Honda Crosstour

thumbCrossovers have become all the rage in the past few years and the auto manufacturers each have their own take on what a Crossover should look like. After all, it is a hybrid of two separate vehicle concepts. The economic, easy to drive Car combined with the interior space and slightly higher stance of an SUV.

The Honda Crosstour is easily identified by its looks, and often criticized for them as well — specifically its backside. Blending a five-door hatchback with all-wheel-drive utility is a tough task, as several German luxury brands have learned. The big, rounded tail of the Crosstour looks bloated and oversized, and the interior room it offers just isn’t necessarily what you’d anticipate.

The Crosstour is an oddball in the company’s lineup. It’s essentially a mid-size hatchback with a sloped tail, giving it a somewhat ungainly outward appearance but slightly more cargo room than an Accord sedan. Unfortunately, it’s unique design renders it less functional than the Accord wagon once offered by Honda. The Crosstour, unlike the Accord sedan and coupe on which it’s based, does offer optional all-wheel drive but is less roomy inside than even Honda’s small CR-V crossover. Those shopping for an all-wheel-drive Honda may also want to look at the CR-V, Pilot SUV (also Accord-based), or even the new small HR-V crossover.

In 2010 and 2011, Honda offered only its tried and true V-6 in the Accord Crosstour. In 2012, a four-cylinder drivetrain was added, and both remain available today. The 3.5-liter V-6’s transmission has been upgraded to a six-speed automatic with paddle shifters, though, which improves gas mileage; the four-cylinder still retains a five-speed auto. All four-cylinder Crosstours are front-wheel drive, by the way, in case you’re cross-shopping against a Subaru or Audi; all-wheel drive is offered only with the V-6.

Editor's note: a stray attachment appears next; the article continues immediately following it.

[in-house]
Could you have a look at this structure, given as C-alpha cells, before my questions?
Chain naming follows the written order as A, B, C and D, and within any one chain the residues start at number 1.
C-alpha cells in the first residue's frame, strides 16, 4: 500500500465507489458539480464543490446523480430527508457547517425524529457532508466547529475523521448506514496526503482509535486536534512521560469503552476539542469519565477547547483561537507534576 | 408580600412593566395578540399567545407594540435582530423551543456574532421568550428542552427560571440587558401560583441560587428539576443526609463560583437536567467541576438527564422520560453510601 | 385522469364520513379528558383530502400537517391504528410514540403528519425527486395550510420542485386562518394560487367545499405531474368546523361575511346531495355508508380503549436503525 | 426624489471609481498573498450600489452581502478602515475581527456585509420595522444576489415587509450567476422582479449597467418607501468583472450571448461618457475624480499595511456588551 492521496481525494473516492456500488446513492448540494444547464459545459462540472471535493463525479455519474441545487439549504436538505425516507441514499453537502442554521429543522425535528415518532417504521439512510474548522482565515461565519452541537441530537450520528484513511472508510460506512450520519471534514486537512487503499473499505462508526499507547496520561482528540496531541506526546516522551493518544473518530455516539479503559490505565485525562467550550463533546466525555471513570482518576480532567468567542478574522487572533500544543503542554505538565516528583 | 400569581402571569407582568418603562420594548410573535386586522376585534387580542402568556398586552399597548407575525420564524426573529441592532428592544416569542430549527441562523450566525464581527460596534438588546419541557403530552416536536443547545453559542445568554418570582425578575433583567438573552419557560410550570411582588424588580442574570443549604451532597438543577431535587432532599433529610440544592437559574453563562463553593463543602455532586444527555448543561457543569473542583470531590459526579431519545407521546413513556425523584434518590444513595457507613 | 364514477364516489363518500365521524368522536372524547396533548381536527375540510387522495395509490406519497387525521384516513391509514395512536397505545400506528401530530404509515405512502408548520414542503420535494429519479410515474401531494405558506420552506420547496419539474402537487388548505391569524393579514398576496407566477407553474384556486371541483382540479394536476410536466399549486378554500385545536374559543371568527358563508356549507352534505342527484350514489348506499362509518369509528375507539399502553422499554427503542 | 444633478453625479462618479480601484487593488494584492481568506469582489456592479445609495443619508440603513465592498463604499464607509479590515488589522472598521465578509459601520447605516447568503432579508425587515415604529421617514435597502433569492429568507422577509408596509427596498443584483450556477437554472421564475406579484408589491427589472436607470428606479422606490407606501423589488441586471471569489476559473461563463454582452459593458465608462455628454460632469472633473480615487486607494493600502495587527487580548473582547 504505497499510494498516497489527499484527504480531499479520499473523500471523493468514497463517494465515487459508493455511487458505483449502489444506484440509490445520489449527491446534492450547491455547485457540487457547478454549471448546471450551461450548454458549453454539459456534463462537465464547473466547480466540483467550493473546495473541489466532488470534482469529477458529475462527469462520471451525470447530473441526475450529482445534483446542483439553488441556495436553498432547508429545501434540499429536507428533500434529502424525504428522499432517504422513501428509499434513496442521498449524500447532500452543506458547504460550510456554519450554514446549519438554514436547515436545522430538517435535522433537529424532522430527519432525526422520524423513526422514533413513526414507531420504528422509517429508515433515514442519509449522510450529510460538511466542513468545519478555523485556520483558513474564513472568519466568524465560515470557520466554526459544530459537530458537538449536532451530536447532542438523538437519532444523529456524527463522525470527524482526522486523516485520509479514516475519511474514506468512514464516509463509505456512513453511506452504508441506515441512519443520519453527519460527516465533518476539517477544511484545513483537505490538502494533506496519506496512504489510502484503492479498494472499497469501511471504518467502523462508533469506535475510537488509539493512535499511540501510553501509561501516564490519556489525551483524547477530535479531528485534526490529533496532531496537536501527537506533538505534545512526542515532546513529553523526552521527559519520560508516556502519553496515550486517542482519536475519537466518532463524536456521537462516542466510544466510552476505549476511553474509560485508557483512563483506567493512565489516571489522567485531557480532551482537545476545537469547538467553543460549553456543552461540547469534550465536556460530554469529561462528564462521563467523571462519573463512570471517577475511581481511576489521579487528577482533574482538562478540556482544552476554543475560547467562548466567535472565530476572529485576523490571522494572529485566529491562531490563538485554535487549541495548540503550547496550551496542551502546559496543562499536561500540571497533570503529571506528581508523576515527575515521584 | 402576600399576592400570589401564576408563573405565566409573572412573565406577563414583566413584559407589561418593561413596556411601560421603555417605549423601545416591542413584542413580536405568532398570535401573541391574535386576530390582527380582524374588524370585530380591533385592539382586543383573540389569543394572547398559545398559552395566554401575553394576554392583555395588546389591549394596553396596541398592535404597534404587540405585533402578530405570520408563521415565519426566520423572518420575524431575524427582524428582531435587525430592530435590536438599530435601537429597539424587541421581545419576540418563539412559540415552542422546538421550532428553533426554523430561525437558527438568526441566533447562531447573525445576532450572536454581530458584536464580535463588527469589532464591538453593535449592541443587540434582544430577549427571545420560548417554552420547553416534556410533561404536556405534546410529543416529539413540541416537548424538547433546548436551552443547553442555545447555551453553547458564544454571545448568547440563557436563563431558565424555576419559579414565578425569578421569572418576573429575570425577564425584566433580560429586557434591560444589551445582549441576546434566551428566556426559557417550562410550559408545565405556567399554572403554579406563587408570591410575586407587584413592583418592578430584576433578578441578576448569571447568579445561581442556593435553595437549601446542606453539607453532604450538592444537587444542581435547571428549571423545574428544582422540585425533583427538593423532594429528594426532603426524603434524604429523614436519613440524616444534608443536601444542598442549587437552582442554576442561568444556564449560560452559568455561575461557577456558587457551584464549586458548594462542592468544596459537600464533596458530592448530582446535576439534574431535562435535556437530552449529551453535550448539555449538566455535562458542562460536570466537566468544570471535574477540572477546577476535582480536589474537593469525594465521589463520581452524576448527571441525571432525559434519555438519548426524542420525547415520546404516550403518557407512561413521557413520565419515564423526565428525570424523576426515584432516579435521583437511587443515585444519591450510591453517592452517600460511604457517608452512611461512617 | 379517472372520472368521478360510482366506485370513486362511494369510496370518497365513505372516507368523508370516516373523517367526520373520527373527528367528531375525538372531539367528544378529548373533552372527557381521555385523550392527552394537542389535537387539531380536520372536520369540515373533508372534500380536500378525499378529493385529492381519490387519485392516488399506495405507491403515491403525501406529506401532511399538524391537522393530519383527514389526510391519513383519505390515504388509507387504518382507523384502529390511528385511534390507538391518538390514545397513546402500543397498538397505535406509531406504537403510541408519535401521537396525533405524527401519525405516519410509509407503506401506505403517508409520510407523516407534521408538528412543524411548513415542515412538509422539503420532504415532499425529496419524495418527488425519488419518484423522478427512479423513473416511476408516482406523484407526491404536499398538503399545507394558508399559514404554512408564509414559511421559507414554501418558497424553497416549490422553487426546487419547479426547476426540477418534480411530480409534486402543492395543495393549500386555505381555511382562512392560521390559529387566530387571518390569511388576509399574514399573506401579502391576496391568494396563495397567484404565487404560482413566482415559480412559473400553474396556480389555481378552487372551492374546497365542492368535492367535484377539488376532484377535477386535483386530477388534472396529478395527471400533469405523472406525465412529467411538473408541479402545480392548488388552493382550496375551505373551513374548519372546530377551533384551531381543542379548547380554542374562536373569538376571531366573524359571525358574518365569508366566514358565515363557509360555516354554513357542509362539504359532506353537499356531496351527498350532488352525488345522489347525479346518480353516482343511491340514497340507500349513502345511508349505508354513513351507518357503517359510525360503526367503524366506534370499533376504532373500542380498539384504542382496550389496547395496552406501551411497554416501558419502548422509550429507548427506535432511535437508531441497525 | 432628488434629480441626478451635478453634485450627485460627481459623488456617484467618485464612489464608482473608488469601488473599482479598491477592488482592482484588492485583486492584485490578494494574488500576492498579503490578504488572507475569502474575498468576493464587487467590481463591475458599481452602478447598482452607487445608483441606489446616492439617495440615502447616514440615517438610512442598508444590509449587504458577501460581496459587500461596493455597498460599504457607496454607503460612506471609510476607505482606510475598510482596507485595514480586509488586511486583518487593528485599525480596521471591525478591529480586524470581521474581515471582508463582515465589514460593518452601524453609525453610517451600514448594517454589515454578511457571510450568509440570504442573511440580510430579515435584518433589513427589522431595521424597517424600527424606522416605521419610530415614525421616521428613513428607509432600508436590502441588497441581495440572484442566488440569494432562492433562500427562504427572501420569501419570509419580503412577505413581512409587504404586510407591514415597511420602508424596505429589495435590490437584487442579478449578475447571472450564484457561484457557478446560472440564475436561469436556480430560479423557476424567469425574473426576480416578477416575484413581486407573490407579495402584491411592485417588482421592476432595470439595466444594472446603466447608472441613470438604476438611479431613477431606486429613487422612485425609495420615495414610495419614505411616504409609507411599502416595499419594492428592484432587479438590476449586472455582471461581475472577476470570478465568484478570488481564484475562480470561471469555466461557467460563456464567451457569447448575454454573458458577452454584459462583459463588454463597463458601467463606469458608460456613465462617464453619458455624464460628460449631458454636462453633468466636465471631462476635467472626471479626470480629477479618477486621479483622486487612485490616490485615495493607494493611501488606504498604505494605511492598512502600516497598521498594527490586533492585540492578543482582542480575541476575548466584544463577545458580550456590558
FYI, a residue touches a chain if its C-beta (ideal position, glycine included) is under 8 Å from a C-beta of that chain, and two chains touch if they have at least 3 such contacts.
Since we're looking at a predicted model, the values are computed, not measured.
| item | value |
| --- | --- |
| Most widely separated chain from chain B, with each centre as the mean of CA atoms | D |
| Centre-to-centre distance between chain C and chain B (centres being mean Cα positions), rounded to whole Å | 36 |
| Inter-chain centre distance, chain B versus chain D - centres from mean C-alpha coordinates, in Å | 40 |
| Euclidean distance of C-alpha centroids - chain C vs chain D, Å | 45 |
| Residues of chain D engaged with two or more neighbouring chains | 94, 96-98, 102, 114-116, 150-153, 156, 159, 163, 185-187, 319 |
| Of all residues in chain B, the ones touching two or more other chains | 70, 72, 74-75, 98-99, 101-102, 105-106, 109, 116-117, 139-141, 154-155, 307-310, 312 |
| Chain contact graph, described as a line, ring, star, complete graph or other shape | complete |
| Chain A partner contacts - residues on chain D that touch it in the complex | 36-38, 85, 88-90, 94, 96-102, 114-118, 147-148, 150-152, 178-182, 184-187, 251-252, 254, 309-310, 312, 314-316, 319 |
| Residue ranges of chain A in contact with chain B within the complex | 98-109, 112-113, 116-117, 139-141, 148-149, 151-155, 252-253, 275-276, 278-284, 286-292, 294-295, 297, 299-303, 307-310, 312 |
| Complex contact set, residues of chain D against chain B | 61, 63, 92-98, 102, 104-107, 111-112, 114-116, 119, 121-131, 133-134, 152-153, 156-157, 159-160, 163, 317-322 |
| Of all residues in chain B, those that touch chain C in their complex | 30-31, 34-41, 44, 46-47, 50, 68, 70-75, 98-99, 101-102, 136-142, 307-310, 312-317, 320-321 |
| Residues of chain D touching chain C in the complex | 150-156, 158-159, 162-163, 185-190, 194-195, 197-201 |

The Crosstour’s performance remains roughly equal to the Accord, despite some thorough reworking of its suspension. The Crosstour has a few inches more in ride height than the sedan, and the roofline’s nearly 8 inches taller. In theory, that creates much more interior space… In practice, it also adds a few hundred pounds to the sedan’s base curb weight, and the extra pounds are tough to disguise once the Crosstour is rolling down the road. The Accord sedan’s nimble feel is gone, but the ride quality is still very good.


Interior materials and build quality are similar to those of the last-generation Accord sedan. Similar to that model, the Crossover has an over-abundance of buttons lining the dash and center console; it’s very different from the simple, low-cowl layouts of older Hondas. The Crosstour is easier to get in and out of than the Accord four-door thanks to its higher H-point, but it doesn’t offer a lot more room, especially in the rear where the roofline cuts in. So, as a utility vehicle, the Crosstour comes up somewhat short.

Buyers can get an all-wheel-drive mid-size car that’s specifically not a tall, boxy crossover, but the sloping tailgate limits the size of items that can be carried in the load bay. While the rear seats fold down for longer objects–a bag of skis, for example–the cargo floor is high. Worse yet, the rear suspension strut towers are so large that there’s less than 30 inches between them–meaning even a large dog carrier may not fit in the Crosstour.

Fuel economy is indeed lower than an Accord sedan’s, but it’s not quite as low as that of a more traditional crossover utility vehicle, ranging from 25 mpg combined for the four-cylinder model with front-wheel drive to 22 mpg combined for the all-wheel-drive V-6.


For the 2013 model year, Honda tried to mitigate some of the ungainly looks by mimicking the Outback. It added a slimmer grille along with bodyside trim that cleans up the shape a bit. It’s far from a dramatic change, but it helps. There have been few significant changes since 2013, but that refresh included feature updates, with active-safety features like LaneWatch blind-spot assistance, Lane Departure Warning (LDW), and Forward Collision Warning (FCW), and infotainment was upgraded to include Aha capability, Pandora, and Internet radio capability–and even a feature for SMS text messaging.

The Crosstour has seen few changes since then and it will end its run after the 2015 model year. Honda has announced that it is realigning its production capacity and will allocate the Crosstour’s spot to models that are more popular and in higher demand.


1. Premature Brake Wear
My guess is that the extra weight causes pads and rotors, intended for the slightly slimmer Accord, to wear a bit more quickly than anticipated.

2. Comfort
There are some that find the seats and headrests to be uncomfortable.

That is the extent of the common complaints. If you are looking for a reliable crossover, you may have just found your next car!